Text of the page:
In Australia, the possession of a firearm requires a licence or permit. To comply with the law, applicants for a firearms licence must prove that they have a ‘genuine reason’. Here’s roughly how it works:

Do You Have a ‘Genuine Reason’?

A ‘genuine reason’ is not equivalent to self-protection, the protection of another person or the protection of your property. The list below covers the eight genuine reasons available. It is particularly aimed at people involved in the farming and agricultural industries, who need to control vertebrate pest populations on their land.

An individual has a ‘genuine reason’ if they are involved in:

Sport

For members of approved target shooting clubs.

Vermin Control

You must prove that you are a member of an approved hunting club or have the written permission of a landowner, which says that you can hunt on his or her land.

Primary Production

For primary producers in which a firearm is required for activities related to farming and grazing.

Rural Occupation

This genuine reason applies to people who do not fall under the Primary Producer category, such as an employee or relative of a primary producer.

Vertebrate Pest Animal Control

A person has this genuine reason if they are a professional contract shooter or employed to control vertebrate pests on rural land.

A government agent employed to kill large feral animals or animals affected by disease, such as tuberculosis, is also eligible.

Business or Employment

For people engaged in employment outside of farming, such as the security industry or commercial fishing.

Animal Welfare

For people employed to handle or work with animals and required to use firearms, such as vets and RSPCA officers.

Firearms Collection

For collectors of firearms who can prove that the collection has genuine commemorative, financial, historical or thematic value.

Categories of Licences

There are different categories of firearms licences – A, B, C, D, H, Firearms Collector and Firearms Dealer – depending on the type of firearm needed.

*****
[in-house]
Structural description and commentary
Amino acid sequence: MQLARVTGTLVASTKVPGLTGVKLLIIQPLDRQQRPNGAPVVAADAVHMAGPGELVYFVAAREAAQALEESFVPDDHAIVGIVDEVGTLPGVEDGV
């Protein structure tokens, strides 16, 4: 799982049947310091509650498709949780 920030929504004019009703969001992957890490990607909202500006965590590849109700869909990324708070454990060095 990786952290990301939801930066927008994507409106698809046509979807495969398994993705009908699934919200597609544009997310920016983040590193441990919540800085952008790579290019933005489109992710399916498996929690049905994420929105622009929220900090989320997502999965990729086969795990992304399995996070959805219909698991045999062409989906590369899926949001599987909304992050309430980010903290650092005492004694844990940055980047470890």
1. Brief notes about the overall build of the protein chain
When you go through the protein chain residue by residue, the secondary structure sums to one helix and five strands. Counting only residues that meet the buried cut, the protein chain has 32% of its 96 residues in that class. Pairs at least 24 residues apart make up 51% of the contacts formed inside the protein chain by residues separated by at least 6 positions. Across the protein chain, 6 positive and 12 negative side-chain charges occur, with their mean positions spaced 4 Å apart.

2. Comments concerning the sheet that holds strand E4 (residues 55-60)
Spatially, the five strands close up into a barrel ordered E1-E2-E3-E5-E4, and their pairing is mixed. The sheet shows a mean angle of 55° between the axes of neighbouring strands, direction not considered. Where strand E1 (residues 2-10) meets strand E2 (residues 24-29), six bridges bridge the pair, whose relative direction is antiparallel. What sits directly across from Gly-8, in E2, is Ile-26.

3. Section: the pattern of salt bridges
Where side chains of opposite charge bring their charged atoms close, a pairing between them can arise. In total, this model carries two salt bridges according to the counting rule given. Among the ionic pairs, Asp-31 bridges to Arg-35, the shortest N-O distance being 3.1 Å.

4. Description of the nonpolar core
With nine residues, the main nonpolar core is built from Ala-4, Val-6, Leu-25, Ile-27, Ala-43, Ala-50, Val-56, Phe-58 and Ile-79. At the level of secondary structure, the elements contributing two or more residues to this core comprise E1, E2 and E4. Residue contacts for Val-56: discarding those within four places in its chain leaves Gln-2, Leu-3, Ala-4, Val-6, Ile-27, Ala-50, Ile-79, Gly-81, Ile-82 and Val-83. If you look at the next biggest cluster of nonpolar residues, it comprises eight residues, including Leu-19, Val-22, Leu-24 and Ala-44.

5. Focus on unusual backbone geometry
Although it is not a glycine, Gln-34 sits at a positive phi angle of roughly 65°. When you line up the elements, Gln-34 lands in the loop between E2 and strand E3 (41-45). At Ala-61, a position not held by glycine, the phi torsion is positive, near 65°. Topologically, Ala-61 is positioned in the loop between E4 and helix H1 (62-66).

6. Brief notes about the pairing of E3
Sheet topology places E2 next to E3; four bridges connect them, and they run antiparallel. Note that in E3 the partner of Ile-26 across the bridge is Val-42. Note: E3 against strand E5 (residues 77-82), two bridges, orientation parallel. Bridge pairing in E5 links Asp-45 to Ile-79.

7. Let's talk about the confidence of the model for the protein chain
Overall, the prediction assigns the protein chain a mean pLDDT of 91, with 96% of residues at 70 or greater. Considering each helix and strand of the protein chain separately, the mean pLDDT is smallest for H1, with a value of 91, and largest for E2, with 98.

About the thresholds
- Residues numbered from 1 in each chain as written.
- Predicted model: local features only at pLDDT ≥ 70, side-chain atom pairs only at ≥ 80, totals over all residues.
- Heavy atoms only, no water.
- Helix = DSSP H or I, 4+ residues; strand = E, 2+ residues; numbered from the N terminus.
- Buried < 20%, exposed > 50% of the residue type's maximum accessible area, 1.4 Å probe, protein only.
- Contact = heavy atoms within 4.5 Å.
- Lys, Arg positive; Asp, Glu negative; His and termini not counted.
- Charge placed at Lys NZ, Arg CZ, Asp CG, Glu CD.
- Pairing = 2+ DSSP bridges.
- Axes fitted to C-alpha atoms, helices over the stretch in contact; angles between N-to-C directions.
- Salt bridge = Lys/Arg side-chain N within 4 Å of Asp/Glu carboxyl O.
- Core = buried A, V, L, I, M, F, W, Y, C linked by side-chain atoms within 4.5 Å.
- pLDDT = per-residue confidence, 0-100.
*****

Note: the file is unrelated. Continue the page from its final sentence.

Individuals applying for a licence other than Category A must provide evidence of a ‘special need’. For more information about the firearms that apply to each licence category, see the NSW Police Force Firearms fact sheet.

Are there Any Restrictions to Applying for a Firearms Licence?

In addition to proving that you have one or more of the genuine reasons, you must:

  • Be over 18;
  • Be a fit and proper person;
  • Complete a firearms safety training course; and
  • Provide documents about where you wish to store your firearm.

Personal History Checks

Personal history checks are conducted to make sure that individuals meet the requirements within the legislation. You are not eligible to possess a firearm if you have been convicted in the past ten years of either an offence or an apprehended violence order that is specified in the regulations. Licences will not be granted to people that are subject to Good Behaviour Bonds.

But Wait, There’s More:

This article is only a guide. Applicants and licensees who are residents of NSW should keep up to date with the Firearms Act 1996 and the Firearms Regulation 2006.

If you have a genuine reason to obtain a NSW firearms licence for your business and all the requirements are met, you can request forms to apply for a firearms licence on the NSW Police website.

Unsure where to start? Contact a LawPath consultant on 1800LAWPATH to learn more about customising legal documents, obtaining a fixed-fee quote from one our network of 600+ expert lawyers or any other legal needs.

Sydney Rae

Sydney is a Paralegal at LawPath working in our content team, which works to provide free legal guides to enhance public access to legal resources. With a keen interest in Tort and IP Law, her research focuses on small businesses, and how they can better navigate complex legal procedures.